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UIS political art series continues with "Dangerous Correlations"

March 8, 2007

Contact: Richard Gilman-Opalsky, 217/206-8328, rgilm3@uis.edu

SPRINGFIELD -- The University of Illinois at Springfield series Political Art and the Public Sphere continues with "Dangerous Correlations," a look at the work of multimedia artist Matt Schultz, at 6 p.m. Monday, March 26, in Brookens Auditorium, lower level of Brookens Library on the UIS campus. Both the exhibit and the discussion session that follows are free and open to the public.

Much of multimedia artist Matt Schultz' work has a political focus.

Schultz, currently a student in the Visual Arts program at UIS, has a long personal history with multimedia art and as a musician has performed on over 25 CDs. This event will examine some pieces of his artwork that have a political focus.

Series facilitator Richard Gilman-Opalsky, UIS assistant professor of political philosophy, notes, "Matt's presentation will consider the use of symbols in propaganda and some of the frightening ways that iconic propaganda used during World War II resonates with present-day American politics. His work aims to expose, and to provoke thought and discussion about, some of these dangerous correlations.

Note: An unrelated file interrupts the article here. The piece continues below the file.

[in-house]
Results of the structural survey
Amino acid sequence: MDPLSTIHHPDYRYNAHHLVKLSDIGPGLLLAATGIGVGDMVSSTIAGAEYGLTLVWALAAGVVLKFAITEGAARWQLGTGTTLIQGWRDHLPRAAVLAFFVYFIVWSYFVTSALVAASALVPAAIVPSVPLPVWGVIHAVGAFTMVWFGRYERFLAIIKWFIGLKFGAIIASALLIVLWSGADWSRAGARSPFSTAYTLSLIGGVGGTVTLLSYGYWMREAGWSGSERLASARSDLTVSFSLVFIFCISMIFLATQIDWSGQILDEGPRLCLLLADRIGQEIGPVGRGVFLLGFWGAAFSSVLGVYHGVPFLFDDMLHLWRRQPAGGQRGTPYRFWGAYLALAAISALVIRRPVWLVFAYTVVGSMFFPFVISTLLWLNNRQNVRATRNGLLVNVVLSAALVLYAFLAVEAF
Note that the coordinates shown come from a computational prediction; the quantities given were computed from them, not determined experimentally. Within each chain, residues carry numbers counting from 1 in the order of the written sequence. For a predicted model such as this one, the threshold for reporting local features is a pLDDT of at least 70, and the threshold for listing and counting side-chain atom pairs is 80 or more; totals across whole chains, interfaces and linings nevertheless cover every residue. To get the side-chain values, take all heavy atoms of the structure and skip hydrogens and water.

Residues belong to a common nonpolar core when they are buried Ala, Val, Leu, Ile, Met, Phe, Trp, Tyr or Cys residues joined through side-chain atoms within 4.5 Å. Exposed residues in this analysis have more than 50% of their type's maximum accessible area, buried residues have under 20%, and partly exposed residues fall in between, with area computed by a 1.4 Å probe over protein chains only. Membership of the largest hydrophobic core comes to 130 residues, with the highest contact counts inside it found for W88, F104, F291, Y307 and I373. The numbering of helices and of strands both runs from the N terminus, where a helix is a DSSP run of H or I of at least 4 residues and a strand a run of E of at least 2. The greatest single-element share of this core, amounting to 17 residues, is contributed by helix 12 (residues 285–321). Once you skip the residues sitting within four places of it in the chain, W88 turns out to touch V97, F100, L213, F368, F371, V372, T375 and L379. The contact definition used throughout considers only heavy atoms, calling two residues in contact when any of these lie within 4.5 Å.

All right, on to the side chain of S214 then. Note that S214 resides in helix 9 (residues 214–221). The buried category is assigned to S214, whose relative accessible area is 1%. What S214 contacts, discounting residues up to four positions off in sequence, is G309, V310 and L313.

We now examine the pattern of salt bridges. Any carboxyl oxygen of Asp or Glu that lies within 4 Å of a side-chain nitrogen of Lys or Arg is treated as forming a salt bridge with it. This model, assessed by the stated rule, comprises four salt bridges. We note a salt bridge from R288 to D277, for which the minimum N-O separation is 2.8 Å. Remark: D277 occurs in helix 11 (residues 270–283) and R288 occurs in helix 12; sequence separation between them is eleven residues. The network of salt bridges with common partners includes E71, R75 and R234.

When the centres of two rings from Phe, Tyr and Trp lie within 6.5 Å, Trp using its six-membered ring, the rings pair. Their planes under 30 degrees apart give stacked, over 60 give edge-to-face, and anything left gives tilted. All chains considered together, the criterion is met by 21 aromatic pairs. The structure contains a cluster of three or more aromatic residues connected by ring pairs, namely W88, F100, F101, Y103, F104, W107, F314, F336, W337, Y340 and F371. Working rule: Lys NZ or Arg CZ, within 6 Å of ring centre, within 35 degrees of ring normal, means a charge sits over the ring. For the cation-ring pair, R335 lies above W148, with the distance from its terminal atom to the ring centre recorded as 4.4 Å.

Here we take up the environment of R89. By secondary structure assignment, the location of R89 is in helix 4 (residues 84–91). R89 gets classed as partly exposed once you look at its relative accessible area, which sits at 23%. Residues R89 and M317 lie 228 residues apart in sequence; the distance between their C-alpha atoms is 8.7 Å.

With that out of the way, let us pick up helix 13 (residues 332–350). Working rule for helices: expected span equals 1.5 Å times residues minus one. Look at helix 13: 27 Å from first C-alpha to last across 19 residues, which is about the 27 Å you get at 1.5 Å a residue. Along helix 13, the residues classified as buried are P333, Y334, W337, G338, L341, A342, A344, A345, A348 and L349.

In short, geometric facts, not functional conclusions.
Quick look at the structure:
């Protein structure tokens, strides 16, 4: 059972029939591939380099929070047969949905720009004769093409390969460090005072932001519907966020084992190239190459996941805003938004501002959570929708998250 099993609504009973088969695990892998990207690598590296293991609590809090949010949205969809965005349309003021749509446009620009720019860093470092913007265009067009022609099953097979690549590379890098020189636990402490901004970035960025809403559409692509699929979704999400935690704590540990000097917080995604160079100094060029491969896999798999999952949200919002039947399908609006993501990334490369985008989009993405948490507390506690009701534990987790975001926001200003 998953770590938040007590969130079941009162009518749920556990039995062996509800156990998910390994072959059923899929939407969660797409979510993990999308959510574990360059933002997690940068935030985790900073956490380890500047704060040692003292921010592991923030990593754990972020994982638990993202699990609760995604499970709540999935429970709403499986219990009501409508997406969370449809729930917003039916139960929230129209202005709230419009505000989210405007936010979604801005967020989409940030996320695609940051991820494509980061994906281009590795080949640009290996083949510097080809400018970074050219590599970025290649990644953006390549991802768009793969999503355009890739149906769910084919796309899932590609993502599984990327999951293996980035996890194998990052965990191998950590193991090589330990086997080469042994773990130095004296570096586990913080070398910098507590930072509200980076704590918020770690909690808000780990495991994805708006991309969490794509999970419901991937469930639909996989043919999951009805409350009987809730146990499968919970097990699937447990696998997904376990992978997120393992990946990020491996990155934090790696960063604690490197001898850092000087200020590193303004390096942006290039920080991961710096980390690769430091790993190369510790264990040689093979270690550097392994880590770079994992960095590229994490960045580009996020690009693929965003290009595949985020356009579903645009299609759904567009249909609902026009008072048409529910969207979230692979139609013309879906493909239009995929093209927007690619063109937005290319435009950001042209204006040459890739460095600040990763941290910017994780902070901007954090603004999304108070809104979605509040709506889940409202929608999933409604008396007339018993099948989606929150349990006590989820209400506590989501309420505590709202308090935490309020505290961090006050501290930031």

"Matt's work is jarring and controversial, and is not designed for passive enjoyment," added Gilman-Opalsky. "In fact, passive engagement with Matt's work may be impossible!"

Each month, Political Art and the Public Sphere features a showing or performance of some kind of "political art." "The basic idea is to consider how 'art' raises provocative social and political questions," Gilman-Opalsky said. "Programs are selected in order to generate discussion about enduring questions in political philosophy.

"Public spheres are the places where people come together to communicate, to evaluate, and to circulate ideas and arguments," he added. "In the public sphere, people form a collective political opinion and will. Ultimately and ideally, the public sphere brings the interests and demands of the public to bear on those who hold power."

For more information about this program or the PAPS series, contact Gilman-Opalsky by phone at 206-8328 or by e-mail at rgilm3@uis.edu.

 

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The University of Illinois at Springfield, one of three U of I campuses, is a small, public liberal arts university that offers 42 degree programs: 21 bachelorís, 20 masterís, and the Doctorate of Public Administration. UIS has a special mission in public affairs and service and is known for extraordinary internships, a wireless campus, extensive online offerings, and a commitment to teaching.

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